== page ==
I've previously explained my long-standing scepticism of clean definition classes along smooth, continuously varying traits that aren't multimodal. Imagining something is on a bell curve (many things are), where do you draw the line?

This complaint was recently echoed in Scott Alexander (actual psychiatrist) saying the same thing about ADHD – that it didn't exist as a cluster, but simply was the tail of a distribution of attention (I'm paraphrasing, obviously).

It's worth saying that there is a relatively simple way to get a fair guess at the answer to the question, though: find all diseases where diagnoses seem to steadily climb across at least one order of magnitude, and ask if they can be explained by population traits shifting over time. I think it's fairly clear Generalized Anxiety Disorder is an example. Something is clearly wrong! But not discontinuously wrong, or even necessarily multimodal.

I think it's probably good to normalize people trying to be self-aware, and using that as the beginning of the process of trying to be better. While I'm a bit concerned about hyper-medicalizing these things (the population trends are happening for non-medical reasons!), I think medicines are a tool, and many times the best options. Obviously, it's good to improve things and bad to not improve them, so any societal reticence to engage here isn't great.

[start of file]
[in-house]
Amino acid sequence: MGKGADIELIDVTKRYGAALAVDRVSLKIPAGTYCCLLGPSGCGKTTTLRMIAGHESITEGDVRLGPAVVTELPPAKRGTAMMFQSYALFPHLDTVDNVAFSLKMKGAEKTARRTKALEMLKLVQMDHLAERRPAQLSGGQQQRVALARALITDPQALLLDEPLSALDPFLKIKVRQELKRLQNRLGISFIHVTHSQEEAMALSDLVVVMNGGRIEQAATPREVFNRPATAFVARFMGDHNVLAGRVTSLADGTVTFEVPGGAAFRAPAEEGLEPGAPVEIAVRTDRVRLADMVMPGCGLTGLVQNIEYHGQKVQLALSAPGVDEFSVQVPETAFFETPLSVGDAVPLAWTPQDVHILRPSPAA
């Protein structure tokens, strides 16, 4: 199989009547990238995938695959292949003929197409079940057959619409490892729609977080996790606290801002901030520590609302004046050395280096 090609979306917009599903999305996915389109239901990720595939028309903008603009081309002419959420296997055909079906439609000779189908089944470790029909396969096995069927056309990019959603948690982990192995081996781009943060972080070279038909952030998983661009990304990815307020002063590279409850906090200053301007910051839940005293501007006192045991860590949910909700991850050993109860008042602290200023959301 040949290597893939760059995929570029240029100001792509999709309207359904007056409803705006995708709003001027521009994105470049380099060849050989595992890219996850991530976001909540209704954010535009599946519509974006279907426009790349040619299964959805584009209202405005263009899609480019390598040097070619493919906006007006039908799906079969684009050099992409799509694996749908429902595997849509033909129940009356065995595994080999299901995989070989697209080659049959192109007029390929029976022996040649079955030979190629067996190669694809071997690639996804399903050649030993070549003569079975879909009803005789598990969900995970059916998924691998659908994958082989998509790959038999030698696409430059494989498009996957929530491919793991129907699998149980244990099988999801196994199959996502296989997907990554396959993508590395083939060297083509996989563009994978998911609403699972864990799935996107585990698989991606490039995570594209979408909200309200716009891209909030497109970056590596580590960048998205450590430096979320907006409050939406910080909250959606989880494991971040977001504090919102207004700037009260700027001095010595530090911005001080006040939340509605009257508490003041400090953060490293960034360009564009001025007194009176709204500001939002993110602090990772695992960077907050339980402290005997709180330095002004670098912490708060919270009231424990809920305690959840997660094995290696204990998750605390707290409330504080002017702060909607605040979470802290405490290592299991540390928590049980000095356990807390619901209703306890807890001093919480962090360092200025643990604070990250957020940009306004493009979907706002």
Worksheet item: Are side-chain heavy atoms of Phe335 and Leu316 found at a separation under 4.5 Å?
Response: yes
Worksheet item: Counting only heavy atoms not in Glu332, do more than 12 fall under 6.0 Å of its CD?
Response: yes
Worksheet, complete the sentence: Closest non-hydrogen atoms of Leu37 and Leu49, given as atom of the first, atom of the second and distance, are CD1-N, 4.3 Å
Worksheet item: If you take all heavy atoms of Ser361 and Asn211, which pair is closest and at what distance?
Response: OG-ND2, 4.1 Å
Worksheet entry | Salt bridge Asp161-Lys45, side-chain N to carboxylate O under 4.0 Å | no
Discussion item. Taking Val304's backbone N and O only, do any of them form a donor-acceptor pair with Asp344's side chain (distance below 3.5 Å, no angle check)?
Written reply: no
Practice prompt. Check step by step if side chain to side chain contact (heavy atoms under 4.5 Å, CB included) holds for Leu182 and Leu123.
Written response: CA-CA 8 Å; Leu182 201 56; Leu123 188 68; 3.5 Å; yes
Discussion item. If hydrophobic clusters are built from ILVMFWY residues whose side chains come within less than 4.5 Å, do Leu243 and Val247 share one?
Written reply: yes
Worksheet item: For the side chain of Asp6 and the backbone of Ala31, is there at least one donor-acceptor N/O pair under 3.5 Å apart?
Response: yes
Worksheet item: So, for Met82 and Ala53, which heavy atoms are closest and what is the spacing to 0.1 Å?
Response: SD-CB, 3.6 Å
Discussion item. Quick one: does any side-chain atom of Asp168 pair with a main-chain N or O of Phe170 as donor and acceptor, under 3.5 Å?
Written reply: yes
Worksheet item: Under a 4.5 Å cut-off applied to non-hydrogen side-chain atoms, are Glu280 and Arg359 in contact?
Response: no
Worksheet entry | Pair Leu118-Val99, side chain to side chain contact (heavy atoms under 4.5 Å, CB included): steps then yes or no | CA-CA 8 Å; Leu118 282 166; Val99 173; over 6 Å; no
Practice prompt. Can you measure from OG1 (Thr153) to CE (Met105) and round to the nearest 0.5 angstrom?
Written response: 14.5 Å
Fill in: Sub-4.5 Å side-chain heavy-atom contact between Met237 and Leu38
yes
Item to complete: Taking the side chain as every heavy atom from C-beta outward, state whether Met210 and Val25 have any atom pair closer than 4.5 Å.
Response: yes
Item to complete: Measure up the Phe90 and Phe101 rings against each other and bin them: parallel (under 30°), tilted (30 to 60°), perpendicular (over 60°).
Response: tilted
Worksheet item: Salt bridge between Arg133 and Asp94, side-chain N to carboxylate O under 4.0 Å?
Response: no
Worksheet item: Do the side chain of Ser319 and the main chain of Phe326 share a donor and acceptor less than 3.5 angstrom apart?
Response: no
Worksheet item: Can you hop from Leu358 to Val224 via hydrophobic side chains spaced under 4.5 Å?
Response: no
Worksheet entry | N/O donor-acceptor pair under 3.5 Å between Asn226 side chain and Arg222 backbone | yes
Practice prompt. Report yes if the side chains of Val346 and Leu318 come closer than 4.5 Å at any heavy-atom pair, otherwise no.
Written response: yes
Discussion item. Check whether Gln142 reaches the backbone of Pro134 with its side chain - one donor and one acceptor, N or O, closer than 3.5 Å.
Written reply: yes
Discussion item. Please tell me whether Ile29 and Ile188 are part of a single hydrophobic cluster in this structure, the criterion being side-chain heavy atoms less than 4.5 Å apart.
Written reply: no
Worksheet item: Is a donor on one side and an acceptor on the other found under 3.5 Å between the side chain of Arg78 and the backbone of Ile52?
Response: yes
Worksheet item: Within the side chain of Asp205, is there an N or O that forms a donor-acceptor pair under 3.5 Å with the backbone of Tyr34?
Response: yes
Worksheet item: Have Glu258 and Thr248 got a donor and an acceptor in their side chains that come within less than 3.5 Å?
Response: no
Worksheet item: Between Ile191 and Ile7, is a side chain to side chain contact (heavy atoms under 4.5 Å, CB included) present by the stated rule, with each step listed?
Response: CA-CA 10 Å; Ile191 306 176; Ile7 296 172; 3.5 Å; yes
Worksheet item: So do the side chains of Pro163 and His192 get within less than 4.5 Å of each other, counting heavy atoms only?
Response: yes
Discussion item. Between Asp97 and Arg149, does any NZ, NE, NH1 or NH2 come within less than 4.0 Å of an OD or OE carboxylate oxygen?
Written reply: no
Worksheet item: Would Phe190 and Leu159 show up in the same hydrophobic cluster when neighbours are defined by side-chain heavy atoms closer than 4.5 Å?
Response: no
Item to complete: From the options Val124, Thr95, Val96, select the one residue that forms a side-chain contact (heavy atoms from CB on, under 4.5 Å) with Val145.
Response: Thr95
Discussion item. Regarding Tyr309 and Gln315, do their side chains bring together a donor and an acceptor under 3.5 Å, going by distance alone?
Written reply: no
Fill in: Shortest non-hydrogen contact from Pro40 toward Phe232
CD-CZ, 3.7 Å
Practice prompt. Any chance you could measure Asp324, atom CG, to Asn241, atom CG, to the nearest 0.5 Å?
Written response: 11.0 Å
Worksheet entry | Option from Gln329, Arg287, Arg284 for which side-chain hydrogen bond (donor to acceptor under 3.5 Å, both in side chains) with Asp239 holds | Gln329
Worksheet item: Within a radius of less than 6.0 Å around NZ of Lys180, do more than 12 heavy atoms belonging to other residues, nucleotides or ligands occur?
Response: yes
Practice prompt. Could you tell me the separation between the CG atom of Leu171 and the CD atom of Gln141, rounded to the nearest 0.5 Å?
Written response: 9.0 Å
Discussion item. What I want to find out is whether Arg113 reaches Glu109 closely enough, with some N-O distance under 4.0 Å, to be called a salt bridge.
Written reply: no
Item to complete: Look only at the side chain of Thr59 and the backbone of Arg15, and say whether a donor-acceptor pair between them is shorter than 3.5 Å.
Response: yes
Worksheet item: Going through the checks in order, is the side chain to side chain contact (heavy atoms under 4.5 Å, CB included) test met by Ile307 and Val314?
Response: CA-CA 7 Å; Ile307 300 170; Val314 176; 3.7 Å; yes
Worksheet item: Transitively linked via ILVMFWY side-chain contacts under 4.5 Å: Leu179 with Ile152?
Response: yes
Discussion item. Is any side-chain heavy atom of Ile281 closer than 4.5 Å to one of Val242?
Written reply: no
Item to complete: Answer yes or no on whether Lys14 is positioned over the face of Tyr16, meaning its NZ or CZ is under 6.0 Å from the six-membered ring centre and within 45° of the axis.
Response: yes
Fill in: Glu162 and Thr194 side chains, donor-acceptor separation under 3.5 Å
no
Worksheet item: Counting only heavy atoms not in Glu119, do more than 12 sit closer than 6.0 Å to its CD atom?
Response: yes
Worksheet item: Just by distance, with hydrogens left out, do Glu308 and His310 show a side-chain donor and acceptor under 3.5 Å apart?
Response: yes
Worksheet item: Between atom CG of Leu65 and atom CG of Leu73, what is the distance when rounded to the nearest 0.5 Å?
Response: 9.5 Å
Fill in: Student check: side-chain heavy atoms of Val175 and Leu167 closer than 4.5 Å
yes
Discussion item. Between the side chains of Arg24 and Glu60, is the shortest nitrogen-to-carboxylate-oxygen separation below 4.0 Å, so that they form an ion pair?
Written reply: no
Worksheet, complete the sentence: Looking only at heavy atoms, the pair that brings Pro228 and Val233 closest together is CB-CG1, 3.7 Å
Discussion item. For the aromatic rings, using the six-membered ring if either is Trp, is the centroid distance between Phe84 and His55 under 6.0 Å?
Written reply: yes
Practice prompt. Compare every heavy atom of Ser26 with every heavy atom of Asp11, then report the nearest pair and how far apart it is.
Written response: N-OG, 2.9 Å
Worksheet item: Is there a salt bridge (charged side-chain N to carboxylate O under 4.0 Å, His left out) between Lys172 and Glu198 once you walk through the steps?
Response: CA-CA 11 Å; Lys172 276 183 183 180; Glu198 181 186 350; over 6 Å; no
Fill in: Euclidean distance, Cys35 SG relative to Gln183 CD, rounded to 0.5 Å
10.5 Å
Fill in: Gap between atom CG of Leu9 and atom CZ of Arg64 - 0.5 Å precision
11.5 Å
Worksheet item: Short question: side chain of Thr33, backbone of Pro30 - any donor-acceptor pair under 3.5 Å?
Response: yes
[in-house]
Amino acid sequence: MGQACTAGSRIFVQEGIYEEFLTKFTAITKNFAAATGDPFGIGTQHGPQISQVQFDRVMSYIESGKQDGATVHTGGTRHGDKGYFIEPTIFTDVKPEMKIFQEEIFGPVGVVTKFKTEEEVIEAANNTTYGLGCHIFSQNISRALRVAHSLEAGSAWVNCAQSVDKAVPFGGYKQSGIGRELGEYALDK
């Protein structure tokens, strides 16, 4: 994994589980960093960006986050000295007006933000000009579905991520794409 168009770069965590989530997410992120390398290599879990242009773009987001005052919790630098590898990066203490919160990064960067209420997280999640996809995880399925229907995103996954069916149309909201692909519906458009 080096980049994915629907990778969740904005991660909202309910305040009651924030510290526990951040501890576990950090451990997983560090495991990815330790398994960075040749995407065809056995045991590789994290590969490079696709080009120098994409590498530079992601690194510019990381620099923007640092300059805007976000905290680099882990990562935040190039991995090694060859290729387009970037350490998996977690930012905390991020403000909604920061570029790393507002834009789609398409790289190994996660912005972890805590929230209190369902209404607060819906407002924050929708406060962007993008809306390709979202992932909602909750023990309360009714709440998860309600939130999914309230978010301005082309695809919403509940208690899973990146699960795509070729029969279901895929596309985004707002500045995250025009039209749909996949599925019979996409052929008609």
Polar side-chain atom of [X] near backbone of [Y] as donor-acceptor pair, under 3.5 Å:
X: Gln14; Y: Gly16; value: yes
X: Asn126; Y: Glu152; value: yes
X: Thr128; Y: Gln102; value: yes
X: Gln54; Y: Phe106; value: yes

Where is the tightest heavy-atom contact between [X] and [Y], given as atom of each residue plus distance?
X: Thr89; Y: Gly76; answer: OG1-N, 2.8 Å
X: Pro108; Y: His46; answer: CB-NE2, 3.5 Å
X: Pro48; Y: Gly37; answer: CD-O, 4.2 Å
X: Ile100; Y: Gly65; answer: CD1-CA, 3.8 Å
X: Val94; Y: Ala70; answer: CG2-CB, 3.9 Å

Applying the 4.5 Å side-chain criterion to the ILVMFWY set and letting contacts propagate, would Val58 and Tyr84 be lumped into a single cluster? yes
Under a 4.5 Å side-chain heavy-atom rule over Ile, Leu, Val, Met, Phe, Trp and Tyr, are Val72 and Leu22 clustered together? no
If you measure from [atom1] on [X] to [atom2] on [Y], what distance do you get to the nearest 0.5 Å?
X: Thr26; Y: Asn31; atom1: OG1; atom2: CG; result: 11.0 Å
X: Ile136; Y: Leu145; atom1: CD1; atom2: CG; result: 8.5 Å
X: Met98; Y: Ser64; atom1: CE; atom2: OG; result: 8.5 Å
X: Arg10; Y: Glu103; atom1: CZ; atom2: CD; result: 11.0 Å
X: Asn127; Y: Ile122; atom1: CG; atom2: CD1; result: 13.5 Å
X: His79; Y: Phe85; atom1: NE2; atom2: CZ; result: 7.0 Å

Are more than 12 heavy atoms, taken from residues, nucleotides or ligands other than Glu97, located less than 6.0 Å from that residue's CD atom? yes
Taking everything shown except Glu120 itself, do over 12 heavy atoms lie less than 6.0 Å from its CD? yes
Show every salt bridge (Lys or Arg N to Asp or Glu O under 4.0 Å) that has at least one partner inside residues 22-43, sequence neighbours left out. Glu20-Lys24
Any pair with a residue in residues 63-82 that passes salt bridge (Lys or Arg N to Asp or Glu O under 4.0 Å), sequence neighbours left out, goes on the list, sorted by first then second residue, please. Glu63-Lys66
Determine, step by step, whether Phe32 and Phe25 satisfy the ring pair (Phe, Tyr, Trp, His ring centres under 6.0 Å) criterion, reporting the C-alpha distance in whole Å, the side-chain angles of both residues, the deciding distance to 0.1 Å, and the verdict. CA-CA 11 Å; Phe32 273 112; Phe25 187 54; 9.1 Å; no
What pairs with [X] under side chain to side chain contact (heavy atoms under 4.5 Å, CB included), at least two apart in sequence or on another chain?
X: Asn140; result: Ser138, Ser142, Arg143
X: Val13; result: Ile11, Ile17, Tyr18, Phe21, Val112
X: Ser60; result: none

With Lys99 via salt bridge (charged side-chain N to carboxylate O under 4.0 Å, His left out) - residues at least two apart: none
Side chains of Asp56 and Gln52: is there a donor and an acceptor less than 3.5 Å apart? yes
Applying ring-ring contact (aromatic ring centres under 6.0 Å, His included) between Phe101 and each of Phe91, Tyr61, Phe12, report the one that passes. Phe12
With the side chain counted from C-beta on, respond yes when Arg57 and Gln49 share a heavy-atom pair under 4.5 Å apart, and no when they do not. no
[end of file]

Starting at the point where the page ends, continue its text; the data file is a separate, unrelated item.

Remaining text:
The obvious second example is intellectual disability, which is literally defined as below 70 IQ, essentially being a perfect example of the strange clustering and pathologizing I think isn't helpful on mono-modal, standard distributions. It isn't good to be stupid – and we should help people be smarter – but nobody's perfect here, and 'smart' isn't a moral characteristic. It's just an axis we'd prefer to move along. Let's take the time to imagine these things a little bit more charitably.